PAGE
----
香山リカのココロの万華鏡:「女医」という呼び方 /東京

(Mainichi Japan) October 30, 2011
Kaleidoscope of the Heart: The term 'female doctor,' and what it means now
香山リカのココロの万華鏡:「女医」という呼び方 /東京

Lately, when going to convenience stores, I often see books or magazines with titles like, "Lively, beautiful female doctor teaches how to maintain your health."

On the cover, I see a smiling woman who looks more like a movie actress than what you expect a doctor to look like.

I suppose she's the "beautiful female doctor."

Seeing this, I think that times have changed.

When I was young, people sensitive to gender equality considered the term "female doctor" to be sexist.

There was an adult-oriented comic with "female doctor" in the title, where all the women doctors were very sexual, and this helped contribute to people's feelings that the word had such connotations.

In the past, I have gotten overly angry because of calls to the hospital asking if there were any "female doctors," responding with things like, "There are no female doctors here, only doctors!"

One of my female colleagues complained, saying, "If there is the word 'female doctor,' then there ought to be the word 'male doctor,' too.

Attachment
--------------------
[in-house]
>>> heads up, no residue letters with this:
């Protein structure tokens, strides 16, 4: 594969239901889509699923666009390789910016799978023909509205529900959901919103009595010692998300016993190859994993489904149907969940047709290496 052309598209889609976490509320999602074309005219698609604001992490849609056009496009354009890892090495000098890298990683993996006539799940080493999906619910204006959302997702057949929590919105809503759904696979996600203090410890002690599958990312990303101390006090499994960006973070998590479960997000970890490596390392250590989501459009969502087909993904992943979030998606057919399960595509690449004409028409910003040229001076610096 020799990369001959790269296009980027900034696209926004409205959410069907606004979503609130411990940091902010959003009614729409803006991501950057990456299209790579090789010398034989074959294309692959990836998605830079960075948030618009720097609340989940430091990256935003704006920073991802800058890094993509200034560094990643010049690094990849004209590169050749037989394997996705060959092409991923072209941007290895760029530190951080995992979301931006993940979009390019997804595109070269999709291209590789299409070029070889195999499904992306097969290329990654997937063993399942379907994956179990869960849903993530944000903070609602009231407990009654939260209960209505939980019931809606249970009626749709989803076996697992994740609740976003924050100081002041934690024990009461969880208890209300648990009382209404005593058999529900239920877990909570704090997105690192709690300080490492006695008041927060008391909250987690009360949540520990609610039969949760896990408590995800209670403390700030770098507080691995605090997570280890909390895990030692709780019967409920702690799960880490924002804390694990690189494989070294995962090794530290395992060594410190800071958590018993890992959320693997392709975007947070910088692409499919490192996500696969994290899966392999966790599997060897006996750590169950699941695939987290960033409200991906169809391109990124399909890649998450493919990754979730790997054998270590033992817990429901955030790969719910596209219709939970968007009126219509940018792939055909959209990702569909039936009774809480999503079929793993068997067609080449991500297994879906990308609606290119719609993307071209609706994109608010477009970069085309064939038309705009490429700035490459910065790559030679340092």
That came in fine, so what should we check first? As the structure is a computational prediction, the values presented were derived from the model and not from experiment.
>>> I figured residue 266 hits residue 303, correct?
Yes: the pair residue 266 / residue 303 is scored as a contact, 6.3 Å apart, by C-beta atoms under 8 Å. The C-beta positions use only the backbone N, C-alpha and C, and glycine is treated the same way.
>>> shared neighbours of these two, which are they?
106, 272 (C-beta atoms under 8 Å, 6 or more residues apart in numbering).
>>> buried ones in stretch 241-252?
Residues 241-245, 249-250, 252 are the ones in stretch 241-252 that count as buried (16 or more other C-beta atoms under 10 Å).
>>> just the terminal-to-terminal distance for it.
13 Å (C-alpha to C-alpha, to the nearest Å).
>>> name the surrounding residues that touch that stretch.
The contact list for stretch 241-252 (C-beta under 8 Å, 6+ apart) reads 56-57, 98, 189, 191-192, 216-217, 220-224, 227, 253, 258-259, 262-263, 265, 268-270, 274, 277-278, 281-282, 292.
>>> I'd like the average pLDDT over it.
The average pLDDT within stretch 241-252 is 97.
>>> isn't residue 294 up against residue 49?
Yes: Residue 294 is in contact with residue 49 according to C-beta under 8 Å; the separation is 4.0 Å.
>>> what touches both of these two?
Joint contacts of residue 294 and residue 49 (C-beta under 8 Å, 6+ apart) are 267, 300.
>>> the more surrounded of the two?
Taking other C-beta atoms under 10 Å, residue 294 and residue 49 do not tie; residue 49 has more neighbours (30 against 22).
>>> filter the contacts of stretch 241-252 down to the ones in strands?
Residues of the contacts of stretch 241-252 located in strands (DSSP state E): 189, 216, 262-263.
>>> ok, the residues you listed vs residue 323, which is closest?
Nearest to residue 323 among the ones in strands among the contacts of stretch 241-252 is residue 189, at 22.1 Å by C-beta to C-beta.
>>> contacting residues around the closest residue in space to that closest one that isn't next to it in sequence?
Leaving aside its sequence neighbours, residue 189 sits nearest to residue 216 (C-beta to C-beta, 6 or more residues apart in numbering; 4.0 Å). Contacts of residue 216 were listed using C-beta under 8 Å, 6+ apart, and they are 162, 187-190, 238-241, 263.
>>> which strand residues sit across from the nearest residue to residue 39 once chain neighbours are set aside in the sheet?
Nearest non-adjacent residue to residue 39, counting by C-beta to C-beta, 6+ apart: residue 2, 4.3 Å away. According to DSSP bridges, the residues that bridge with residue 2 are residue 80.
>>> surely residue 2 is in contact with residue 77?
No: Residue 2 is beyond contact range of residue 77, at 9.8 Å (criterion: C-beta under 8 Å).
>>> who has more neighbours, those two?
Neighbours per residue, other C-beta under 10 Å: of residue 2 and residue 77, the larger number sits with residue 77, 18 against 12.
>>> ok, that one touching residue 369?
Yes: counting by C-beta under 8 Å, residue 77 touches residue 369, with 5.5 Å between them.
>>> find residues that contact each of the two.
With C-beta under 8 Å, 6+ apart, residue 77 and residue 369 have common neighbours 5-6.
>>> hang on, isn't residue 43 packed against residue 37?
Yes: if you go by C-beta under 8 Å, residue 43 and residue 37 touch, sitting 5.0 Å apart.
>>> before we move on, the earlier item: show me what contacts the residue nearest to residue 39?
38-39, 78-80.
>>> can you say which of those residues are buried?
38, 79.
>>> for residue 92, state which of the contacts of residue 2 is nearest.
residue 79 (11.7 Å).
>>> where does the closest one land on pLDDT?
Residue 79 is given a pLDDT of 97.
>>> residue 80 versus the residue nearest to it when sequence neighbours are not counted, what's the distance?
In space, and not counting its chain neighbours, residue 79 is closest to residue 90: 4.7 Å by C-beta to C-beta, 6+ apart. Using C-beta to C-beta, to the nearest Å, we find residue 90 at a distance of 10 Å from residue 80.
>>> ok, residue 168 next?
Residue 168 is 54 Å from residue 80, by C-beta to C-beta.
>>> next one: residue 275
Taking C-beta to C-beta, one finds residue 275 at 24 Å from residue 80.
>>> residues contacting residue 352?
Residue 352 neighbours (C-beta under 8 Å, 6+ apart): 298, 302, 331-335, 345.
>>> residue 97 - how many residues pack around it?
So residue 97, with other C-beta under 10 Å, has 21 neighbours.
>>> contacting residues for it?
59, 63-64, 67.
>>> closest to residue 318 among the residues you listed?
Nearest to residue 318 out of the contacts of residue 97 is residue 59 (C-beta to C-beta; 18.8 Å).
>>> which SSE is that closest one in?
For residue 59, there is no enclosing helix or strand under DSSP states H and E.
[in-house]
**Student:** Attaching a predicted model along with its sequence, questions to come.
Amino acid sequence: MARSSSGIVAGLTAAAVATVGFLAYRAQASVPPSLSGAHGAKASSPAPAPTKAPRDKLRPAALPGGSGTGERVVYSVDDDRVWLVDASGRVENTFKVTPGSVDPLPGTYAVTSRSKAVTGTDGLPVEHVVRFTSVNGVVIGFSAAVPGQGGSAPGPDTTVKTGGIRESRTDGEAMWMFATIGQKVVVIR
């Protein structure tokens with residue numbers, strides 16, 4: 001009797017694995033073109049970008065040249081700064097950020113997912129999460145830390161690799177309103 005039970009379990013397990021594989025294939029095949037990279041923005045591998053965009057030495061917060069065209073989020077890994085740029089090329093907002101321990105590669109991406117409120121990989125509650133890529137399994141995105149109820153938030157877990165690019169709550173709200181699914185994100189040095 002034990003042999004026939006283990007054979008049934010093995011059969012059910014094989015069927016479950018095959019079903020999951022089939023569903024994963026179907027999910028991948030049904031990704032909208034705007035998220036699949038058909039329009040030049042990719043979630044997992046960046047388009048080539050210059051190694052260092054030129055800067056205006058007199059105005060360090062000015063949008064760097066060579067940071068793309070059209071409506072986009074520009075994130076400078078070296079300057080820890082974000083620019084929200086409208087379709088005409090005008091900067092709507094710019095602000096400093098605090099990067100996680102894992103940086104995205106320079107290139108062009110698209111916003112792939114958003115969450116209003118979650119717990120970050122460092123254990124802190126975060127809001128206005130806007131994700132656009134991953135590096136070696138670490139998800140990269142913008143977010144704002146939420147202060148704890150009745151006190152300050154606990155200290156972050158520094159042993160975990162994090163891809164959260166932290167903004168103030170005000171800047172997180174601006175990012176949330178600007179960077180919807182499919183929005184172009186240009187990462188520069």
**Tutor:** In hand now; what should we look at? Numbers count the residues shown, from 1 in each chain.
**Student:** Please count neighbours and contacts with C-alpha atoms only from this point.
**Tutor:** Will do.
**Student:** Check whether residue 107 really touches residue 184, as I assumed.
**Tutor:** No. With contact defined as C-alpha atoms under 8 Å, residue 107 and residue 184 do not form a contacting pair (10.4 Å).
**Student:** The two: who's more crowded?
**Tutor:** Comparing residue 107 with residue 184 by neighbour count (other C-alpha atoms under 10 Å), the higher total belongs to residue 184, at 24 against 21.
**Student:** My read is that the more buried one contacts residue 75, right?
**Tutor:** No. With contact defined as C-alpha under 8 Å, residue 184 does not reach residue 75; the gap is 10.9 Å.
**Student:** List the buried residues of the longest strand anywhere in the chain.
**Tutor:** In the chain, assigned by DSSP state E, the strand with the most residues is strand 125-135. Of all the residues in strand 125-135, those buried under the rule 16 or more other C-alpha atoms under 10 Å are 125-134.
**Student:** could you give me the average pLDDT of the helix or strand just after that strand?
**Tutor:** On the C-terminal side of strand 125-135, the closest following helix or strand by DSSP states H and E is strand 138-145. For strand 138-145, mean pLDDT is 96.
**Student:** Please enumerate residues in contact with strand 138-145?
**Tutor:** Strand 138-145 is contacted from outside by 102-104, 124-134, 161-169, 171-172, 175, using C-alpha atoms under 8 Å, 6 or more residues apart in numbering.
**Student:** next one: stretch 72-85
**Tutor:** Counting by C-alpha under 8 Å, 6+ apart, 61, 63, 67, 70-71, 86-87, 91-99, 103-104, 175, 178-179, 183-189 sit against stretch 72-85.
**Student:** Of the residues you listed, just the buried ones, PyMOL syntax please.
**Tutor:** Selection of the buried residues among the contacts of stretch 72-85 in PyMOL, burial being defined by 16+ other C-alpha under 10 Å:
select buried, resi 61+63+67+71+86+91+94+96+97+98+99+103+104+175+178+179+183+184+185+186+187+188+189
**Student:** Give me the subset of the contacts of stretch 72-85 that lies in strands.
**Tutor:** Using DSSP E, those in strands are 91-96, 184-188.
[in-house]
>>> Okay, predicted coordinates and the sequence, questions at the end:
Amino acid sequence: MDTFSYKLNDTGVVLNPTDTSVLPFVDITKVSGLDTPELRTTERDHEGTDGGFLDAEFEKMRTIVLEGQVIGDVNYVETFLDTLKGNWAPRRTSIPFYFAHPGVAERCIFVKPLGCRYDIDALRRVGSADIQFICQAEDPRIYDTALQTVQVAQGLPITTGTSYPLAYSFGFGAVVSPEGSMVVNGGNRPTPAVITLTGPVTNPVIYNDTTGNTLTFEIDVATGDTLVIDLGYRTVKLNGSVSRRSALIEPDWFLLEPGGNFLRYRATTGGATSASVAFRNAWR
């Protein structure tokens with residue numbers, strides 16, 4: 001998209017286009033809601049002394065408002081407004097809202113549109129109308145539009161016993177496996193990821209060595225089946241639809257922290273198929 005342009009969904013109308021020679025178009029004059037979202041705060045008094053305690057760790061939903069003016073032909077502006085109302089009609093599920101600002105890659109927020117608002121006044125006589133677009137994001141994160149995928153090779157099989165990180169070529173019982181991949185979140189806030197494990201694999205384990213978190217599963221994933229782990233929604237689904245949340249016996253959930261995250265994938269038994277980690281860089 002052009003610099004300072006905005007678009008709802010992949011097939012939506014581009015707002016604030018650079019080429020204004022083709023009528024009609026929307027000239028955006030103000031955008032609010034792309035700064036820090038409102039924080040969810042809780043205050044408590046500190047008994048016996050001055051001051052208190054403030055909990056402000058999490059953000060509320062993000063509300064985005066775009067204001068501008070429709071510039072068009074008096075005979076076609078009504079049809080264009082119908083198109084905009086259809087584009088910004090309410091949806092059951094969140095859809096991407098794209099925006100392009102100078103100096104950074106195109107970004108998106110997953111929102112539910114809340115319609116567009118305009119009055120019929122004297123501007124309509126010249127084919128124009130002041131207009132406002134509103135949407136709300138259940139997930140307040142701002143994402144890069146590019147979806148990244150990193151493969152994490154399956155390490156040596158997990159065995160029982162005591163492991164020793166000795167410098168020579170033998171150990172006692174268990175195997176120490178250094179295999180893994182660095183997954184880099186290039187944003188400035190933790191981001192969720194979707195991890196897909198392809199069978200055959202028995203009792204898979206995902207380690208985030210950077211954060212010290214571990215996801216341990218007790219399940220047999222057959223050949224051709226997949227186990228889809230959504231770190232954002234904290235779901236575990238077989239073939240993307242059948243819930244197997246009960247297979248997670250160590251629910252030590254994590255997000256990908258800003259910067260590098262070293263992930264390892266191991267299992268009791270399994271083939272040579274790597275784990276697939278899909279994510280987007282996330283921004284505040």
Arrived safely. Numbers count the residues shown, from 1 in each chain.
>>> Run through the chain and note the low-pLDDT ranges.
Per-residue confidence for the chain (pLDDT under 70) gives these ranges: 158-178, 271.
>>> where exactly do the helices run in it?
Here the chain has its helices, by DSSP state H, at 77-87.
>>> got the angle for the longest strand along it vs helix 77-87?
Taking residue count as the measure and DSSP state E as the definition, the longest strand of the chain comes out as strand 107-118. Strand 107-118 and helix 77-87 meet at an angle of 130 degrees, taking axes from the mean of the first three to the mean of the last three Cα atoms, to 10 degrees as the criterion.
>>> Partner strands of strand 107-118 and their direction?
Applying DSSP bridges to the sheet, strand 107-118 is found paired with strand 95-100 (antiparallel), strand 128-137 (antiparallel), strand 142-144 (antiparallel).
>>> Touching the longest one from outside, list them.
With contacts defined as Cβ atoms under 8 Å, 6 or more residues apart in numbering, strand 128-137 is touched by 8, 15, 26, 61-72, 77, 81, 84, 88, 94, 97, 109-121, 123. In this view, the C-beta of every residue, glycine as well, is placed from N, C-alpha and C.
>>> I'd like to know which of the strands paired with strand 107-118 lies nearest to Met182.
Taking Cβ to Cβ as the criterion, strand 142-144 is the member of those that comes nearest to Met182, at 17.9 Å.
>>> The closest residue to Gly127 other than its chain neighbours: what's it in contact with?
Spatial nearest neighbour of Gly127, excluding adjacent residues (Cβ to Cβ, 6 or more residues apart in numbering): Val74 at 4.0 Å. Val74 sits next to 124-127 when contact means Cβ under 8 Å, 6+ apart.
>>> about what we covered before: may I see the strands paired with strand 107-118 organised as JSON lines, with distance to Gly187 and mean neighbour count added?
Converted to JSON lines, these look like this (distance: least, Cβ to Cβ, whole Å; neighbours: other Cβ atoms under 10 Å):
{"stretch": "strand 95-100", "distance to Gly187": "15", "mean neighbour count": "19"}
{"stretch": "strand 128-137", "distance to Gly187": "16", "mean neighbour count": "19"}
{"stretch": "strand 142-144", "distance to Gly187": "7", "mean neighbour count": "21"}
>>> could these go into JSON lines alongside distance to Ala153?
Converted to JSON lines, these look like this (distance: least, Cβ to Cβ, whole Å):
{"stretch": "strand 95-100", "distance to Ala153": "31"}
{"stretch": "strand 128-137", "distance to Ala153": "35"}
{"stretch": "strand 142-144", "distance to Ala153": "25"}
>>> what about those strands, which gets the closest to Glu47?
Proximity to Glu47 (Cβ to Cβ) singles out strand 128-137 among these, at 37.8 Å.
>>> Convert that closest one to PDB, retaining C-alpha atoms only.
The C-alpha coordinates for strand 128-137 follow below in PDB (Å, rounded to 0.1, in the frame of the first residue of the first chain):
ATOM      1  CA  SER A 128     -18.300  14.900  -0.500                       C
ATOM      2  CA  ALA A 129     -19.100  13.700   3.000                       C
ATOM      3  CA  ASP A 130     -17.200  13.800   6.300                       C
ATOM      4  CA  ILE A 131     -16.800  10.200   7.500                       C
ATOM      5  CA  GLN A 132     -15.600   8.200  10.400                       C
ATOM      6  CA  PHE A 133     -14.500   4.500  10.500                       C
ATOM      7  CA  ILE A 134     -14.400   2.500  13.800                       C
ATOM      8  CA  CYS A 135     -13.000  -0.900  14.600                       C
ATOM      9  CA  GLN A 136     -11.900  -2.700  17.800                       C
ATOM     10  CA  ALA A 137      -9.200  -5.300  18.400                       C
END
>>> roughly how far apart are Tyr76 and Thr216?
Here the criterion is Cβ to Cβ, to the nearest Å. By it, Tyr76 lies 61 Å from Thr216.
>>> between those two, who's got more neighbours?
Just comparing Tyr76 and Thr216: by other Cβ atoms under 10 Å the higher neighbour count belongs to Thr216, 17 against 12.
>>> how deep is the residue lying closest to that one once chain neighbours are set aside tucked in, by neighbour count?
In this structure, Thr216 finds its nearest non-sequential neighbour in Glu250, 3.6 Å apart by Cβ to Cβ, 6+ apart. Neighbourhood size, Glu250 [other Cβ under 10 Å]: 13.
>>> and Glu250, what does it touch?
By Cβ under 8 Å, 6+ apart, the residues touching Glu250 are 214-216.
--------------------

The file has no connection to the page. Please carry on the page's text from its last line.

The fact that there is only a special word for female doctors makes us seem like too much of a special minority and is unequal."

Many years have passed since then, and female doctors are no longer the minority.

I also think that patients no longer care much whether the doctor who sees them is male or female.

Now, precisely because the distinction between male and female doctors has largely disappeared, there is a movement of women purposely drawing attention to their womanhood, identifying themselves as "female doctors" or touting the fact that they once won a Miss such-and-such contest.

That the term "female doctor" has become an expression of one's personality rather than a sexist expression is not a bad thing.

Those women who appear in magazines proclaiming, "I am a beautiful female doctor!" are most likely also working hard while practicing medicine, putting forth their full efforts for their patients.

That said, there could also be problems if this trend goes too far.

For example, there are many regular male doctors who are neither "female" nor "lively."

What will happen to their social status?

Furthermore, if outside appearances and sprightly youth are overly emphasized, then middle-aged, slow moving doctors like me might feel inferior.

There is no problem with "beautiful female doctors," blessed with both looks and ability, working in medicine and helping explain medical problems in an easy-to-understand way to the public.

However, I would like to say that it is not just they who are supporting our medical system.

So while I glance at the covers in the convenience store and marvel at these people's beauty, I will continue my own work, slowly but steadily.

(By Rika Kayama, psychiatrist)
毎日新聞 2011年10月25日 地方版

by kiyoshimat | 2011-11-01 07:25 | 英字新聞

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